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General Practice 2023

Câkidney cancer: symptoms, diagnosis, and treatment

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Câkidney cancer: symptoms, diagnosis, and treatment
Câkidney cancer: symptoms, diagnosis, and treatment

Kidney cancer, also known as kidney cancer, is a relatively common type of cancer that mainly affects men between 55 and 75 years of age, causing symptoms such as presence of blood in the urine, constant pain in the lower back or increased blood pressure, for example.

Symptoms of kidney cancer usually appear in more advanced stages of the disease and, therefore, to confirm the diagnosis, the nephrologist, urologist or general practitioner may recommend performing an ultrasound to evaluate the characteristics of the kidney.

The most common type of kidney cancer is renal cell carcinoma, which can be easily cured with surgery if identified early. However, if the cancer has already metastasized, treatment may be more difficult and other types of treatment may need to be performed in addition to surgery.

Symptoms of kidney cancer

Symptoms of kidney cancer are uncommon in the early stages of the disease, but as the cancer progresses, some symptoms may arise, the main ones being:

  • Blood in the urine;
  • Swelling or mass in the abdominal region;
  • Constant pain in lower back;
  • Excessive fatigue;
  • Constant weight loss;
  • Constant low fever.

Furthermore, as the kidneys are responsible for regulating blood pressure and participating in the production of red blood cells (red blood cells), a sudden change in blood pressure values, as well as an increase or a marked reduction in the number of red blood cells in the blood test.

How to confirm the diagnosis

The diagnosis of kidney cancer is made by the general practitioner, nephrologist or urologist by evaluating the signs and symptoms presented by the person, in addition to tests such as ultrasound, chest X-ray, computed tomography or magnetic resonance imaging.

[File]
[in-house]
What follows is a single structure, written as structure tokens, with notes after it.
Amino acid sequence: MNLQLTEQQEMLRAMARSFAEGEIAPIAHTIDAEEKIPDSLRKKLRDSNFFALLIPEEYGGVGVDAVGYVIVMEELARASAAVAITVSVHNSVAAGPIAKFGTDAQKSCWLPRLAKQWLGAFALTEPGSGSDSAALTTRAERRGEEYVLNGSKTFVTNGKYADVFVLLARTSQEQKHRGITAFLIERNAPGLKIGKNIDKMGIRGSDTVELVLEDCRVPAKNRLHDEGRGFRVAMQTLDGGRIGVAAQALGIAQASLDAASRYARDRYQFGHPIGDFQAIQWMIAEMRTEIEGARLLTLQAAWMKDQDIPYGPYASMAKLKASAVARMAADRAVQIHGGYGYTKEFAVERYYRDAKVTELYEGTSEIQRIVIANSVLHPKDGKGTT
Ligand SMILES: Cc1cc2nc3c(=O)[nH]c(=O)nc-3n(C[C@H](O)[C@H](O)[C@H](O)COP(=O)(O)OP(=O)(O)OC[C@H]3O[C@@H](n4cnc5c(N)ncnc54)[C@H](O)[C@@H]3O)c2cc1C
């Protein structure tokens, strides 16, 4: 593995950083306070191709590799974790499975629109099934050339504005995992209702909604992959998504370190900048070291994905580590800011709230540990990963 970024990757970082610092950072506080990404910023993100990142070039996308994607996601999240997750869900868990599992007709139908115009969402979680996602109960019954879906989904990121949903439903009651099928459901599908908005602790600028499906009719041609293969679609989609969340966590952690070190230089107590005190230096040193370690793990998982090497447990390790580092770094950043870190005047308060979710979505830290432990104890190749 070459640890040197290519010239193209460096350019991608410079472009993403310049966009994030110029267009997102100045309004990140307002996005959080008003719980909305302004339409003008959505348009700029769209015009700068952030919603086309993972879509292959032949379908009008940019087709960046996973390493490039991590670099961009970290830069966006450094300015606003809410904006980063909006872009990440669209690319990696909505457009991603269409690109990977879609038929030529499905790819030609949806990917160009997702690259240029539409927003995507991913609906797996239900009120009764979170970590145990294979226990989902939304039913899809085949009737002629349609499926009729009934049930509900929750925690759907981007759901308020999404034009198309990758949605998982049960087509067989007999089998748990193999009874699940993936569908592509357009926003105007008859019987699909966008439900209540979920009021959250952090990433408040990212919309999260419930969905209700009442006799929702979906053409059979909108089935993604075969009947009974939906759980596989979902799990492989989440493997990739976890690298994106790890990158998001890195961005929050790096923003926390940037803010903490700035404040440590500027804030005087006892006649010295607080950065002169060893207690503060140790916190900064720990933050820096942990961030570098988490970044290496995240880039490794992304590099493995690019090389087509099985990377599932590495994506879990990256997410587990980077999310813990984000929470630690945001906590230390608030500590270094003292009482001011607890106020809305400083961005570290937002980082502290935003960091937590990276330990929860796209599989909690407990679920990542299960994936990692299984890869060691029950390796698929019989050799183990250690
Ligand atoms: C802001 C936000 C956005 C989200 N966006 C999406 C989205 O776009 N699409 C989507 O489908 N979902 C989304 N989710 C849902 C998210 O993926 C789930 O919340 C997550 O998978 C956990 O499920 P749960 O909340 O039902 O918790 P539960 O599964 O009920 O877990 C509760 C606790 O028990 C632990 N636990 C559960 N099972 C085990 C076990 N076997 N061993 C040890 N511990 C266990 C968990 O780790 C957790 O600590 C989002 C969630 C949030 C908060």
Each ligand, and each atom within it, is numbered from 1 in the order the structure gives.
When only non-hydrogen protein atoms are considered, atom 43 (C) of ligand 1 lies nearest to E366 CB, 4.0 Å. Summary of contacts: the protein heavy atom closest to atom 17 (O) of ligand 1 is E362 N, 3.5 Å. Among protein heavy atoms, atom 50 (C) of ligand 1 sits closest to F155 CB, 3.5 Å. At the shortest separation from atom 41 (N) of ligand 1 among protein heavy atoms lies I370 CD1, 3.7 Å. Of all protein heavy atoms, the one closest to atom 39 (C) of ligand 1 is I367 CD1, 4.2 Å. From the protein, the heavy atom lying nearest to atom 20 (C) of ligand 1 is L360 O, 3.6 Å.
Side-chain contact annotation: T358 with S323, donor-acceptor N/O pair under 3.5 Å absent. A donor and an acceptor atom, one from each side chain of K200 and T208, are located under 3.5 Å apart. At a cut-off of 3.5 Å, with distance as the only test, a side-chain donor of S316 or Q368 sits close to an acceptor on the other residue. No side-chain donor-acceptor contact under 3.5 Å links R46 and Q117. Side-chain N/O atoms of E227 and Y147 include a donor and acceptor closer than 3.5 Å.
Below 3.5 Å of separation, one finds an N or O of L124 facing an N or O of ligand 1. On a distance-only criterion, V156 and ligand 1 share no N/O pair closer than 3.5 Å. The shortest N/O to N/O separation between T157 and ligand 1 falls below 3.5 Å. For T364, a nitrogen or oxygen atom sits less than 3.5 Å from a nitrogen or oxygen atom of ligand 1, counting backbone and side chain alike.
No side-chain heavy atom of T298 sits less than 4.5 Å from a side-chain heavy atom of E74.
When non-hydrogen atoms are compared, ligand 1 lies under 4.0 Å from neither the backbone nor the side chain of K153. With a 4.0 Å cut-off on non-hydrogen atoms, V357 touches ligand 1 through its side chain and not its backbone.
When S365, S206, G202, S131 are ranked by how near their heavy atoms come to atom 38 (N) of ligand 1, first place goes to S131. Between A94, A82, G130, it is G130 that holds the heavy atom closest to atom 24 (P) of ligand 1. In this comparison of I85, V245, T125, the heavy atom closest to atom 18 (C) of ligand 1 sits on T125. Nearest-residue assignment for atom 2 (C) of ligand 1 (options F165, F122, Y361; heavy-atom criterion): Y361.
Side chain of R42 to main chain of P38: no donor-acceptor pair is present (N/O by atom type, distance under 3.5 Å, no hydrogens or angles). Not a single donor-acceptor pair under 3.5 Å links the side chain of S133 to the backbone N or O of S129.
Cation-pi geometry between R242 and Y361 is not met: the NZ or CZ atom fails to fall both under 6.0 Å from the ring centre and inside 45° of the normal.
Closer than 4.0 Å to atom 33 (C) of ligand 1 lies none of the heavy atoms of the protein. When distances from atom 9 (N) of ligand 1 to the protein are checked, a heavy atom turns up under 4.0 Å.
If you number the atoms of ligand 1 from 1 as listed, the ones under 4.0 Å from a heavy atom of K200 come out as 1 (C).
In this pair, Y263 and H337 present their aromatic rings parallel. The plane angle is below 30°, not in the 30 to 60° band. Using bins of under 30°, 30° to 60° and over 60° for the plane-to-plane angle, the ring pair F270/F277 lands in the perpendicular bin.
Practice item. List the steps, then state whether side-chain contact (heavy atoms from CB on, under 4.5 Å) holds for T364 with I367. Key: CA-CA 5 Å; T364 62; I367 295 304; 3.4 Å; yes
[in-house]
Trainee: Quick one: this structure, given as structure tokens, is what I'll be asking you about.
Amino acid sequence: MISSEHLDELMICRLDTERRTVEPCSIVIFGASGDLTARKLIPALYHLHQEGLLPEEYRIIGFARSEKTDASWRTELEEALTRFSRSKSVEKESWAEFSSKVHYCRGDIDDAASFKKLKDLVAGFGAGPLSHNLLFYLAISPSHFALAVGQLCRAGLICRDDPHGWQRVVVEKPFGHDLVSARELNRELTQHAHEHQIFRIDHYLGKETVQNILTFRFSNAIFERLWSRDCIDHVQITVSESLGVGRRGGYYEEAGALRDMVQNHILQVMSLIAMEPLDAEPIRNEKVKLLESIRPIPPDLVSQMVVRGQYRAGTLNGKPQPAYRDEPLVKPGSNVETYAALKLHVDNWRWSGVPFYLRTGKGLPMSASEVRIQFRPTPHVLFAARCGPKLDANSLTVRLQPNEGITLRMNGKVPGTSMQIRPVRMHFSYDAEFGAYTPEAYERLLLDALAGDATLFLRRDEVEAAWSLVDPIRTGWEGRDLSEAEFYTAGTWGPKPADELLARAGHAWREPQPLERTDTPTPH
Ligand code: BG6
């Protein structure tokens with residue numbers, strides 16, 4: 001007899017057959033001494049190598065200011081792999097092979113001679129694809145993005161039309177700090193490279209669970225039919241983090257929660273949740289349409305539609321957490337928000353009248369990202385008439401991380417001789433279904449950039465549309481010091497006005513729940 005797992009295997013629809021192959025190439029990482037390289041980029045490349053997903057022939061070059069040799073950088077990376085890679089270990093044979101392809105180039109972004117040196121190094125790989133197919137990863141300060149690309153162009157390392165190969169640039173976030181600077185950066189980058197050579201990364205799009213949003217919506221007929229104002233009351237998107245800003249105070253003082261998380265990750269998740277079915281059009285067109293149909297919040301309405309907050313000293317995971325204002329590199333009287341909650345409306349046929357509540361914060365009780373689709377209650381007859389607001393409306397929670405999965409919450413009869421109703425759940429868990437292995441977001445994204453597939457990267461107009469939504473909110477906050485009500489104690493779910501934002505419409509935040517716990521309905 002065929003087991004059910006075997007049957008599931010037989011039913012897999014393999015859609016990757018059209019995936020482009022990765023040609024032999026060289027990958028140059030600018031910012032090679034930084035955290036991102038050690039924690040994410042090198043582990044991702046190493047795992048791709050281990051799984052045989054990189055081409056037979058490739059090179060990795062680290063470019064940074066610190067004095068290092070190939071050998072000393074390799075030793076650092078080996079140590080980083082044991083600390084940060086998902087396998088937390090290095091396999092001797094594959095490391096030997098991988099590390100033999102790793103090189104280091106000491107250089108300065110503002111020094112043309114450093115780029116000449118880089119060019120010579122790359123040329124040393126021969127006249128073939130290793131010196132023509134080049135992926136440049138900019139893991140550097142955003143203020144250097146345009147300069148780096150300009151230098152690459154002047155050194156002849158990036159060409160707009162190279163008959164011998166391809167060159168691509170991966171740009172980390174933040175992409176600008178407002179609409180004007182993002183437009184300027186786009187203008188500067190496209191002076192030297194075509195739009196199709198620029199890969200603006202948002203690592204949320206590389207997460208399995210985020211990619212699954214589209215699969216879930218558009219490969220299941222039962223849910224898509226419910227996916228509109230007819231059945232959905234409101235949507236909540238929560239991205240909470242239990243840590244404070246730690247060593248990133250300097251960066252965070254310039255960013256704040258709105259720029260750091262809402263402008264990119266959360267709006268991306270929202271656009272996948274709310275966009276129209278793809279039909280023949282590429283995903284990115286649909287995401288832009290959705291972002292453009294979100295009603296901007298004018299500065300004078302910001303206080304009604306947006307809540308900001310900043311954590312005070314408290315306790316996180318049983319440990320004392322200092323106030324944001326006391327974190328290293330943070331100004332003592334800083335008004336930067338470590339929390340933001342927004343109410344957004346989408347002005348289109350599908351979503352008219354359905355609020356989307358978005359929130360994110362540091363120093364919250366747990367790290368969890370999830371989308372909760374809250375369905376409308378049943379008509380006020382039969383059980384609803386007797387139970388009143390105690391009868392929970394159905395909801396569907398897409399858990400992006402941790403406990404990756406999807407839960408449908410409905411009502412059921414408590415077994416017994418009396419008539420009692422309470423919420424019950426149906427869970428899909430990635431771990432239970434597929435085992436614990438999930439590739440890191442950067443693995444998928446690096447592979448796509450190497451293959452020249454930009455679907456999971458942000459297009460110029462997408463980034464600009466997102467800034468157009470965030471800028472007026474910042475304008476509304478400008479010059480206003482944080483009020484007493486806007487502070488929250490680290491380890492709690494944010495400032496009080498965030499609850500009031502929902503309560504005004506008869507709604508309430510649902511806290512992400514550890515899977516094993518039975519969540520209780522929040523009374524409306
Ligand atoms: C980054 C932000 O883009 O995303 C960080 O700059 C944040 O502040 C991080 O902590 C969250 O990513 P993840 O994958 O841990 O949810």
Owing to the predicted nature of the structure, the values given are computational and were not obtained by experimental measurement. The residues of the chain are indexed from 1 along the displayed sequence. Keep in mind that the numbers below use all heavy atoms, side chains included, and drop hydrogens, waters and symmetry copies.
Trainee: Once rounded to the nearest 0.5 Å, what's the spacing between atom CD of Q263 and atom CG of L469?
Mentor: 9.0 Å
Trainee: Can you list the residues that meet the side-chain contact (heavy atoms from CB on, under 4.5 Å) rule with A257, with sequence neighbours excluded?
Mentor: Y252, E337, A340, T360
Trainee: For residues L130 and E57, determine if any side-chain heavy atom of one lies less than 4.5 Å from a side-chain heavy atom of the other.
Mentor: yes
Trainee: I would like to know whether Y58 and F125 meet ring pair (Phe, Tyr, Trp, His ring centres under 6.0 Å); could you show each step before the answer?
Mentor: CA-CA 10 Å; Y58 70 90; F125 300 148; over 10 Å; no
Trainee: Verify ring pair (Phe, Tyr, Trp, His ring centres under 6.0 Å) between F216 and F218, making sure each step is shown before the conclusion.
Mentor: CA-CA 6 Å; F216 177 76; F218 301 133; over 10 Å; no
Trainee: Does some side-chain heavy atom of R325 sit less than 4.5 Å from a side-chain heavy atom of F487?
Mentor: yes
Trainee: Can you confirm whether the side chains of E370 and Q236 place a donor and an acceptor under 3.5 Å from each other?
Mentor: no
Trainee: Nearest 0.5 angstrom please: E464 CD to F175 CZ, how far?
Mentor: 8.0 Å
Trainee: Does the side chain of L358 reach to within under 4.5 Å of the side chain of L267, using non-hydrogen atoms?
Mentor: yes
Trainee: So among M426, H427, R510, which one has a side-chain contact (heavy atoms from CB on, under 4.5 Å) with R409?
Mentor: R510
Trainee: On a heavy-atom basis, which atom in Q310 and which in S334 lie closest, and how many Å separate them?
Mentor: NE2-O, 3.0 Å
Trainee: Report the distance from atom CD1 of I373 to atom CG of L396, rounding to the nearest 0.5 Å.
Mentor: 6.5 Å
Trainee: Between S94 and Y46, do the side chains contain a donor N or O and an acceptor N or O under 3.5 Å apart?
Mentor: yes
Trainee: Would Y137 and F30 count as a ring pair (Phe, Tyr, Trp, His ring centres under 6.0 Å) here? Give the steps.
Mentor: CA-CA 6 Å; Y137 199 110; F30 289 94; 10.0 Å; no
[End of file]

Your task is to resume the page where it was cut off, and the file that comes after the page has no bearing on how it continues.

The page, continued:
Ultrasound is usually the first exam to be ordered, as it helps to identify and evaluate possible masses and cysts in the kidney, which may indicate cancer. Other tests can be done to confirm the diagnosis or the evolution of the disease.

How the treatment is done

The treatment of kidney cancer depends on the size and development of the tumor, but the main forms of treatment include:

1. Surgery

It is done in almost all cases and helps to remove the affected part of the kidney. Therefore, when cancer is identified at an early stage, surgery may be the only form of treatment needed, as it may be able to remove all cancer cells and cure the cancer.

In more advanced cases of cancer, surgery can be used together with radiotherapy, for example, to reduce the size of the tumor and facilitate treatment.

2. Biological therapy

This type of treatment uses drugs such as Sunitinib, Pazopanib or Axitinib, which strengthen the immune system and facilitate the elimination of cancer cells.

However, this type of treatment is not effective in all cases and, therefore, the doctor may need to carry out several evaluations during the treatment to adjust doses and even interrupt the use of these drugs.

Who is most at risk

Kidney cancer, in addition to being more common in men over 60, is also more common in people with:

  • BMI greater than 30 kg/m²;
  • Family history of kidney cancer;
  • Genetic diseases such as Von Hippel-Lindau syndrome;
  • Smokers;
  • Obesity.

In addition, those who need to undergo dialysis treatment to filter the blood, due to other kidney problems, are also at greater risk of developing this type of cancer.

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